obstruction of justice discussed in the mueller report and the obstruction of congress in terms of the failure to respond to subpoenas, allow witnesses to testify. so a narrow impeachment based on ukraine, a broader impeachment with obstruction, that's a question nancy pelosi, jerry nadler and adam schiff largely are going to have to resolve. >> david gergen, because i'll ask you, david, politically speaking, what's the wise move, do you think, from democrats, more limited or broader as jeffrey was just describing? >> i used to think it would be the more limited option because that -- i thought that would be easier to understand. i think it's been harder to explain it to people. there are so many different figures who are introduced over these hearings. the democrats did an awfully good job amassing the evidence but i'm not sure they got through to the public on giving them a convincing narrative of what happened. under those circumstances i would be exploring whether you bring in the obstruction questions as jeffrey said or not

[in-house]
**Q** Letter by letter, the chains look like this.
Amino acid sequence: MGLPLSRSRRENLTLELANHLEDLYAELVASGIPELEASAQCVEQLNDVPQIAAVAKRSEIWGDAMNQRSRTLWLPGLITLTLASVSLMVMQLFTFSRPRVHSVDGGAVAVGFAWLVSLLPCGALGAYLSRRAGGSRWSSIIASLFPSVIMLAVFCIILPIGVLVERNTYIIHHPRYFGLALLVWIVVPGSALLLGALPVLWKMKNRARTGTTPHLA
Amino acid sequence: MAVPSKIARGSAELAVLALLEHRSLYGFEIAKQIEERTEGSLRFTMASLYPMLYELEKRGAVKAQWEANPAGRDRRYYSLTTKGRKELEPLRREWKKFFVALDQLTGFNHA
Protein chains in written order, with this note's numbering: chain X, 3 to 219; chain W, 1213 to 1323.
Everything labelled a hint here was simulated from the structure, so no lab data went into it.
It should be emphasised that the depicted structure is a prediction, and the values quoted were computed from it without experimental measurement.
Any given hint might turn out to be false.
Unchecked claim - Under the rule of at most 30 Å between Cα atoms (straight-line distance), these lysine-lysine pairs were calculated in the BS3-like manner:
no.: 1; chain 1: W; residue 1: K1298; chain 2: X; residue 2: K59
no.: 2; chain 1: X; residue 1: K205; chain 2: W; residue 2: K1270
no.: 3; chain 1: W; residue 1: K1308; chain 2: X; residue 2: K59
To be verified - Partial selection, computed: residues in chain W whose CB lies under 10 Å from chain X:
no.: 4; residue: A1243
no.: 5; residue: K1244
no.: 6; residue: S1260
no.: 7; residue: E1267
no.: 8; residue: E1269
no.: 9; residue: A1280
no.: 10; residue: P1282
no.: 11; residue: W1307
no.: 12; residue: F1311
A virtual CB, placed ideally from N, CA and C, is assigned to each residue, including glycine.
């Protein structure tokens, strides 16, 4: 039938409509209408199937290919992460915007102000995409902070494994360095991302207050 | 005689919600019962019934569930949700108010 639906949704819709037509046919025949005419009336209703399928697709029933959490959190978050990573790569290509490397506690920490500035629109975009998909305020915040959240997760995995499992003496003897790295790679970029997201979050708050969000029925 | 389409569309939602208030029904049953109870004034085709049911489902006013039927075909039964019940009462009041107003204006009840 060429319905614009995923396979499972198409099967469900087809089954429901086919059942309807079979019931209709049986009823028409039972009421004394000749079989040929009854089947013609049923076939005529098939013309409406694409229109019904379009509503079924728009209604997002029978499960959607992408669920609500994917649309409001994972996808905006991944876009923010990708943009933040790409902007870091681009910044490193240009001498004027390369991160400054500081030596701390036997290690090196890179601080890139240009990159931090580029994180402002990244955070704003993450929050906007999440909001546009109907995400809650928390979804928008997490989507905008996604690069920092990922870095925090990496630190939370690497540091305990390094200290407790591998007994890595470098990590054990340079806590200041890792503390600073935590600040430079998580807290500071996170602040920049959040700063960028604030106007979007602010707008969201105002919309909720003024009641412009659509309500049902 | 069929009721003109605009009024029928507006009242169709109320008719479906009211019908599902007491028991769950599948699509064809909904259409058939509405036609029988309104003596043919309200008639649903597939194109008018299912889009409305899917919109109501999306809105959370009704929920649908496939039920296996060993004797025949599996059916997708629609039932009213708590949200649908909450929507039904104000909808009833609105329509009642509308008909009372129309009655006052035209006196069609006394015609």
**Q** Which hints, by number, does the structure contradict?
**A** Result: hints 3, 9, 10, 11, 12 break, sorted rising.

5:33 pm
and i would lean toward bringing in obstruction because i think there are additional elements that have been forgotten and there's a path -- there's a narrative about the president's entire activities as president. the trail that we have seen, the amount of obstruction, the amount of dismissal of the rule of law, i think that's a pretty powerful case if you can make it simply with great clarity i would lean in that direction. >> so procedurally, jennifer, it's interesting, the house intelligence committee is writing a report but the judiciary committee will write the articles of impeachment. i was told this morning they'll hold hearings on what constitutes an impeachable offense. the rules say that the president can have his own lawyers there. they can participate in those hearings if they're open hearings. do you think that the white house should do that? do you think that would behoove the president to have his people there or keep their powder dry
5:34 pm